I didn’t have a choice about whether or not to write Rarity from the Hollow, my debut novel. Nobody put a gun to my head, but same as — the psychological need to begin and follow through on the project had become so intense that my physical health was affected. I had difficulty with sleep, frequently awakened in the middle of the night with unresolved recurring dreams of scenes. I had concentration difficulty which affected every daily activity.
Before publication of this novel, I was driving past planned interstate exits because the untold story was in the back of my mind. Fortunately, I didn’t cause any car accidents. I was making technical mistakes at work because the story was intruding. Fortunately, I didn’t get fired…. Rarity from the Hollow demanded to be shared and it gave me little choice but to do so.
If you have an interest, here’s how the benevolent cancer know as creative wring metastasized, invaded my being.
I was born into an impoverished family in West Virginia. My alcoholic and occasionally abusive father suffered from PTSD. He had been captured by the Nazis during WWII and had night terrors. My mother did the best she could, but I had to begin working as a child to feed my family. I started paying into the U. S. Social Security fund at age twelve, dreamed of a brighter future for my family, and have continued work for the next fifty-two years.
In the 8th grade, I won the school’s short story contest. “God Sent” was about a semi truck driver so consumed with theological debate that he caused a terrible accident. As it often does, however, life got in the way my dream of becoming a rich and famous author.
I worked and went to school, never finishing any more stories that I’d started, mostly because I was just too exhausted.
I started college in 1969, and except for a poem published in the state’s student anthology and another poem published in a local alternative newspaper, my creative juices were spent writing handouts for civil rights and anti-war activities, and on class assignments.
I graduated in 1973 with a degree in social work. Afterward, I worked in the field of adolescent substance abuse treatment as I attended graduate school. My creative writing was still on hold — suppressed / repressed.
After earning an MSW in 1977, I focused on children’s advocacy for the next forty years.
My heartfelt need to write fiction was dissipated somewhat by the publication of social service models, grants, research, investigative and statistical reports about children’s programs, child abuse, and delinquency.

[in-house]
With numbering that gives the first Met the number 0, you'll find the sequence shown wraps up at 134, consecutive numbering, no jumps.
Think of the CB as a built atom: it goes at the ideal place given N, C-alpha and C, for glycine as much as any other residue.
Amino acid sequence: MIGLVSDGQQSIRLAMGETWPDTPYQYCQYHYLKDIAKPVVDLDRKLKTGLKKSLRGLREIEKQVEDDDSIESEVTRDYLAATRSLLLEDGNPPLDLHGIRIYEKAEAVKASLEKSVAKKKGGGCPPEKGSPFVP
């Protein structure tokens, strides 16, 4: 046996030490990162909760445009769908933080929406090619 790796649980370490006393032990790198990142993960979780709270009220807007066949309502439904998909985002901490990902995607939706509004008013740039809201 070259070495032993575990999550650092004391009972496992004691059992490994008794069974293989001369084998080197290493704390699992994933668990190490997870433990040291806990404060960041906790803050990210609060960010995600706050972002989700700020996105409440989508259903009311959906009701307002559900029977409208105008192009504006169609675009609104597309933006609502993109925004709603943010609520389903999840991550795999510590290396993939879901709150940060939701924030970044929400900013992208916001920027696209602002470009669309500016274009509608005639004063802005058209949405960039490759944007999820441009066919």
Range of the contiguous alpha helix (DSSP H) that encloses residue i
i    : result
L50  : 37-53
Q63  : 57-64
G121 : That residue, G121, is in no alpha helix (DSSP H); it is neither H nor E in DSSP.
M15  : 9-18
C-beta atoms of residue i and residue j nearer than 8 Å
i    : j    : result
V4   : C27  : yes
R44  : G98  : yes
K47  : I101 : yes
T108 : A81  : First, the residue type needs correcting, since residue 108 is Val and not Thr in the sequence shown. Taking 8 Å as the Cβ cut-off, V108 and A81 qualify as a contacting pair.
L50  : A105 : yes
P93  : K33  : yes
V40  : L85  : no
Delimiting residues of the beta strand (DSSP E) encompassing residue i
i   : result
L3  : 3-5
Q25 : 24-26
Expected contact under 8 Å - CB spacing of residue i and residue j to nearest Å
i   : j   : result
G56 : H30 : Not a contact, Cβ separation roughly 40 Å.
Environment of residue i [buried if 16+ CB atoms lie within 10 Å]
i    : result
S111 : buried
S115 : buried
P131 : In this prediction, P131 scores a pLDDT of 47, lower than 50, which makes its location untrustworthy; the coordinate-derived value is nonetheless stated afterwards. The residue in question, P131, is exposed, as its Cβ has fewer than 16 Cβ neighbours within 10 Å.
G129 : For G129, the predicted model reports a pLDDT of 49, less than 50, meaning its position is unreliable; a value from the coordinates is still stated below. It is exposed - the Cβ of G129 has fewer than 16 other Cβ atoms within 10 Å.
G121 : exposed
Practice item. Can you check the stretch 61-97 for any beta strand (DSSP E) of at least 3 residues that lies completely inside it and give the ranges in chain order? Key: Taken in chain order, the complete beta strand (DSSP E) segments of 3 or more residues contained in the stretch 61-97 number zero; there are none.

In 2002, I started working as a children’s psychotherapist for our local mental health center.
It was an intensive day program and most of the children had experienced some type of trauma, some had been severely sexually abused.
One day at work in 2006, I met a skinny little girl who had a very mean daddy. She sat a few feet away from me around a table used to complete written therapeutic exercises.
Rather than focusing on her victimization, she spoke of dreams – finding a loving family that respected her physically and spiritually.
She inspired me to make my own dream come true, to finally write fiction.
I haven’t stopped writing since I first met her that day during a group therapy session. It had all clicked together.
The Lacy Dawn Adventures Project was born — an empowered female protagonist overwhelming the evil forces that victimize and exploit others to get anything and everything that they want.
While my protagonist is a composite character based on real-life kids that I’ve met over the last forty years as a children’s rights advocate, this girl was especially inspiring.
She was the catalyst that prompted me to address my need to write fiction.
If I hadn’t met Lacy Dawn that day, who knows whether I would even still be breathing because, frankly, until I “pushed the pedal to the metal” I hadn’t gotten a good night’s sleep for years.
The next day after I go home from work, my wife, Rita, named the protagonist Lacy Dawn. Rita explained that because the protagonist’s mother couldn’t afford to buy Lacy Dawn pretty things in life, she wanted to give her a very pretty name at birth.
I recently retired as a children’s psychotherapist for our local mental health center. For the last four months, I‘ve been writing and promoting my fiction, at last.
Three short Lacy Dawn Adventures have been published in magazines, and more have been submitted and are pending consideration. Many more are still in my head and fighting to get out.
Author proceeds from Rarity from the Hollow have been donated to Children’s Home Society of West Virginia for its child abuse prevention programs.
Since a victim had empowered me to write fiction, I figured that it was the least that I could do to help out if I could – a strategy that has fueled my compulsion to introduce the world to Lacy Dawn.
Rarity from the Hollow was published by a traditional small press in Leeds, a long way from my home in West Virginia, U.S., and someplace that I will likely never afford to visit.